The Risk and Costs of Severe Cognitive Impairment at Older Ages: Literature Review and Projection Analyses

02/01/2021

The Risk and Costs of Severe Cognitive Impairment at Older Ages: Literature Review and Projection Analyses

Melissa M. Favreault and Richard W. Johnson

Urban Institute

January 2021

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ABSTRACT: Projections of future care needs and costs are difficult because the older population is changing in ways that will likely shape the course of cognitive impairment. This study uses the Dynamic Simulation of Income Model (DYNASIM) to project the risk and costs of severe cognitive impairment at older ages over the coming decades. We project large differences in the chances of ever experiencing severe cognitive impairment for different groups, for example, African Americans, Hispanics, and women. Our estimates of the prevalence and duration of severe cognitive impairment fall within the bounds of prior literature. Lastly, those lower in the income distribution can expect to use most or all of their wealth on care should they become impaired.

This report was prepared under contract #HHSP233201600024I between HHS's ASPE/BHDAP and the Urban Institute. For additional information about this subject, you can visit the BHDAP home page at https://aspe.hhs.gov/bhdap or contact the ASPE Project Officers, at HHS/ASPE/BHDAP, Room 424E, H.H. Humphrey Building, 200 Independence Avenue, S.W., Washington, D.C., 20201; Judith.Dey@hhs.gov, Lauren.Anderson@hhs.gov, Helen.Lamont@hhs.gov.

DISCLAIMER: The opinions and views expressed in this report are those of the authors. They do not reflect the views of the Department of Health and Human Services, the contractor or any other funding organization. This report was completed and submitted in May 2020.


 

TABLE OF CONTENTS

ACKNOWLEDGMENTS

ACRONYMS

ABSTRACT

INTRODUCTION

MOTIVATION

KEY DEFINITIONS

PREVIOUS LITERATURE

  • Assessment and Measurement
  • Incidence and Prevalence Studies
  • Longitudinal Studies: Lifetime Impairment Risk, Life Expectancy with Cognitive Impairment, Relationship between Cognitive Impairment and Mortality
  • Studies of Cross-Sectional and Lifetime Costs of Cognitive Impairment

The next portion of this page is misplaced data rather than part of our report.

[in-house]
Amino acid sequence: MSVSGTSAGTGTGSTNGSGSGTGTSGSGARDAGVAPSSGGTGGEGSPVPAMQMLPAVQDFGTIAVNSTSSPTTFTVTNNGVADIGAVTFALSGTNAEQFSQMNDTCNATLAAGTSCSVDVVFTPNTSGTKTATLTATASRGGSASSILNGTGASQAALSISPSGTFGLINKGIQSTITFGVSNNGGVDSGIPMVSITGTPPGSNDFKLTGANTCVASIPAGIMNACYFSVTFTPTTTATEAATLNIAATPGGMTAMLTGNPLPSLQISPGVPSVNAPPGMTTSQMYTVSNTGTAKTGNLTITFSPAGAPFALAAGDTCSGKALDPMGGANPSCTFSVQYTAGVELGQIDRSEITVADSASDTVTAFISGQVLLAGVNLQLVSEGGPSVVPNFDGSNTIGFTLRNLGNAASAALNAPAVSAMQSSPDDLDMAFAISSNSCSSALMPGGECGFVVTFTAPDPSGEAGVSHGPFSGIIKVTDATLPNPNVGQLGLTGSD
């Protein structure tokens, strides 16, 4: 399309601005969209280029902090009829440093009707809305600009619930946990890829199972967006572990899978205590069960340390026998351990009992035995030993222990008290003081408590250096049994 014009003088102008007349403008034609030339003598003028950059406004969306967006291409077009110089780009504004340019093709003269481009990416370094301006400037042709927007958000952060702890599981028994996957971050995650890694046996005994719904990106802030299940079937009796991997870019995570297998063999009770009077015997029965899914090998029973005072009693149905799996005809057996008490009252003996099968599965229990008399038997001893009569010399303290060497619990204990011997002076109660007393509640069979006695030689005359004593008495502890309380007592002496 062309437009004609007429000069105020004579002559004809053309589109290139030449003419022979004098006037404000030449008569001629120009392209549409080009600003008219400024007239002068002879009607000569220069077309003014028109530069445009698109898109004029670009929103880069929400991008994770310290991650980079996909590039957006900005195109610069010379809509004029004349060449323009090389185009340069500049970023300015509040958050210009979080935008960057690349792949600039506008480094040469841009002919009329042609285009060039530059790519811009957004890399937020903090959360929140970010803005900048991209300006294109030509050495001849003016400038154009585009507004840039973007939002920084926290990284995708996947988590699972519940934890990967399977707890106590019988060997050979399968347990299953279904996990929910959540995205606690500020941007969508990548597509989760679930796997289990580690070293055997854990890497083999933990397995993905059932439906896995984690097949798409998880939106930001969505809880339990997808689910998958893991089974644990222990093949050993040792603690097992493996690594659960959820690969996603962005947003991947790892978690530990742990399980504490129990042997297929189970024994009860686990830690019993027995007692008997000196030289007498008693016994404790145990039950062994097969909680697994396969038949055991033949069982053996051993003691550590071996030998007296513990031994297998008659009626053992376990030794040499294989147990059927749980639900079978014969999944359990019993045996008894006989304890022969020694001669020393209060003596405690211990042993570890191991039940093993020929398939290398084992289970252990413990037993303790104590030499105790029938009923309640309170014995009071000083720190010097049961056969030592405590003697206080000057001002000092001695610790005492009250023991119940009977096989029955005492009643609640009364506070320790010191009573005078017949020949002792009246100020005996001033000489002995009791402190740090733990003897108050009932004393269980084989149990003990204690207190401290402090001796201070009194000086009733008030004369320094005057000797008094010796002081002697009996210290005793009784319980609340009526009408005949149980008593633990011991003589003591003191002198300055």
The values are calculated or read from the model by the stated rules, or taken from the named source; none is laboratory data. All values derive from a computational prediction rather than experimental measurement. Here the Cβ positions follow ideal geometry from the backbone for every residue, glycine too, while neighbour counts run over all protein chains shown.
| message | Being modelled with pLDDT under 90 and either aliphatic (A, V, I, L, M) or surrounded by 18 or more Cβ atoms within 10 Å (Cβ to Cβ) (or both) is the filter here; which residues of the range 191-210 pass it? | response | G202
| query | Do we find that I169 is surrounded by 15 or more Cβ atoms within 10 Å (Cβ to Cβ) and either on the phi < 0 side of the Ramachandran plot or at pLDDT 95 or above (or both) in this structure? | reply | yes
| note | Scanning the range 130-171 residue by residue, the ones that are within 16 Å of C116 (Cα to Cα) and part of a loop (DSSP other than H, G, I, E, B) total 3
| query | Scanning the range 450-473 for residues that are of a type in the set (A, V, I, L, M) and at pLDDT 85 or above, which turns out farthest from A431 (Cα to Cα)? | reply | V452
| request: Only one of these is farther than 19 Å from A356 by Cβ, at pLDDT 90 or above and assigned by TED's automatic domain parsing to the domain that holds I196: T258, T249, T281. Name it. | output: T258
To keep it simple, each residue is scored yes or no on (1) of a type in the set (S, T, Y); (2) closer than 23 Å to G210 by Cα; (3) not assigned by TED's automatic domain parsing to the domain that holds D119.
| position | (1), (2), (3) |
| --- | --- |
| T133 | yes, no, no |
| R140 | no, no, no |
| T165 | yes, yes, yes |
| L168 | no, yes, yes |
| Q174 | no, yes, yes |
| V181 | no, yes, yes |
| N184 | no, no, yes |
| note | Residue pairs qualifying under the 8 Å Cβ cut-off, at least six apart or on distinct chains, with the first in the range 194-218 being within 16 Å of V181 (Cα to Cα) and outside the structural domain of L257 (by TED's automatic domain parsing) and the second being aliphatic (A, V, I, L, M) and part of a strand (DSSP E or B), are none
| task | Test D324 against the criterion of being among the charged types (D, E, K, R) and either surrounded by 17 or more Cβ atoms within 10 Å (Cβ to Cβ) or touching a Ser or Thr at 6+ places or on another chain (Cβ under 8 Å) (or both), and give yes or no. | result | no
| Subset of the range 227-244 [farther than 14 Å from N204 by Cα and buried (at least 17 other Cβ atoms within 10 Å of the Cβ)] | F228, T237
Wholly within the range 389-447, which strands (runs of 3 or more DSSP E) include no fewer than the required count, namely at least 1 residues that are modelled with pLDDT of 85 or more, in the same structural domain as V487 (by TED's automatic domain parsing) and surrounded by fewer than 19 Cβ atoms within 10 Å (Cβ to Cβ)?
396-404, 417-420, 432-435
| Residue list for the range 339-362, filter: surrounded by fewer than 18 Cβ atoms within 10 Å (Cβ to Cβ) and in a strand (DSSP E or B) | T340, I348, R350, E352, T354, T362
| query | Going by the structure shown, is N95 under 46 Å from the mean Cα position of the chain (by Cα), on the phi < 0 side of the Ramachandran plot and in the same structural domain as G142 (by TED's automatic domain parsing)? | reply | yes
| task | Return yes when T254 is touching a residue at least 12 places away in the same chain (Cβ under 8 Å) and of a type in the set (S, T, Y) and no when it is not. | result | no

• Projection Studies
  • Community-Based Studies

PROJECTION METHODS

  • Health and Disability Models
  • Spending for Health Care and Long-Term Services and Supports
  • Valuing Unpaid Family Care

PROJECTION RESULTS

  • Baseline Validation
  • Risks
  • Costs for Paid Services and the Value of Unpaid Care

CONCLUSIONS AND POLICY IMPLICATIONS

FIGURES AND TABLES

REFERENCES

ABOUT THE AUTHORS

NOTES

LIST OF BOXES

  • BOX 1. Selected Terms Related to Cognitive Impairment

LIST OF FIGURES

  • FIGURE 1: Alternative Estimates of the Age-Specific Prevalence of CI at Older Ages
  • FIGURE 2: Alternative Projections of the Number of Cognitively Impaired Adults in the US Using Different Measures of SCI, 2010-2060
  • FIGURE 3: Comparison of Alternative Estimates of the Age-Specific Prevalence of CI at Older Ages Using 5-Year Age Bands with DYNASIM Projections: Prevalence of Dementia Rises Markedly with Age
  • FIGURE 4: Comparison of Alternative Estimates of the Age-Specific Prevalence of CI at Older Ages Using 10-Year Age Bands with DYNASIM Projections: Prevalence of Dementia Rises Markedly with Age
  • FIGURE 5: Alternative Projections of Number of Cognitively Impaired Adults in the US Using Different Measures of SCI at Older Ages, Including DYNASIM Projections, 2010-2060

LIST OF TABLES

  • TABLE 1: Selected Studies of the Cross-Sectional Prevalence of CI: US and Other Wealthy Countries
  • TABLE 2: Selected Studies of the Cross-Sectional Incidence of CI: US and Other Wealthy Countries
  • TABLE 3: Selected Studies of the Long-Range Likelihood of CI, Remaining Life Expectancy with CI, Duration of CI, and Other Longitudinal Metrics
  • TABLE 4: Selected Studies of the Relationship between CI and Mortality Rates in the US
  • TABLE 5: Selected Studies of the Costs of CI in the US
  • TABLE 6: Selected Studies of the Prevalence and Intensity of Caregiving for People with CI in the US
  • TABLE 7: Estimates from Selected Studies of the Cost of CI in the US: Using Consistent Wage-Indexed Dollars
  • TABLE 8: Selected Studies Based on Long-Range Models of Cognitive Status
  • TABLE 9: Selected Studies of the Effects of Future Interventions on CI in the US
  • TABLE 10: Miscellaneous Community-Based Studies Related to CI and Performance in the US
  • TABLE 11: Historical Cross-Sectional Prevalence of SCI at Age 65 and Older, by Sex and Age: DYNASIM 2013-2017 and NHATS 2015
  • TABLE 12: Projected Cross-Sectional Age-Specific Prevalence of SCI at Ages 65 and Older: DYNASIM 2013-2055 in Selected Years, by Age
  • TABLE 13: Probability of Ever Experiencing SCI and Projected Life Expectancy with SCI from Age 65: By Birth Cohort, Gender, Education, and Race and Ethnicity
  • TABLE 14: Average and Distribution of Projected Years with SCI from Age 65, for Those Who Become Severely Impaired: By Birth Cohort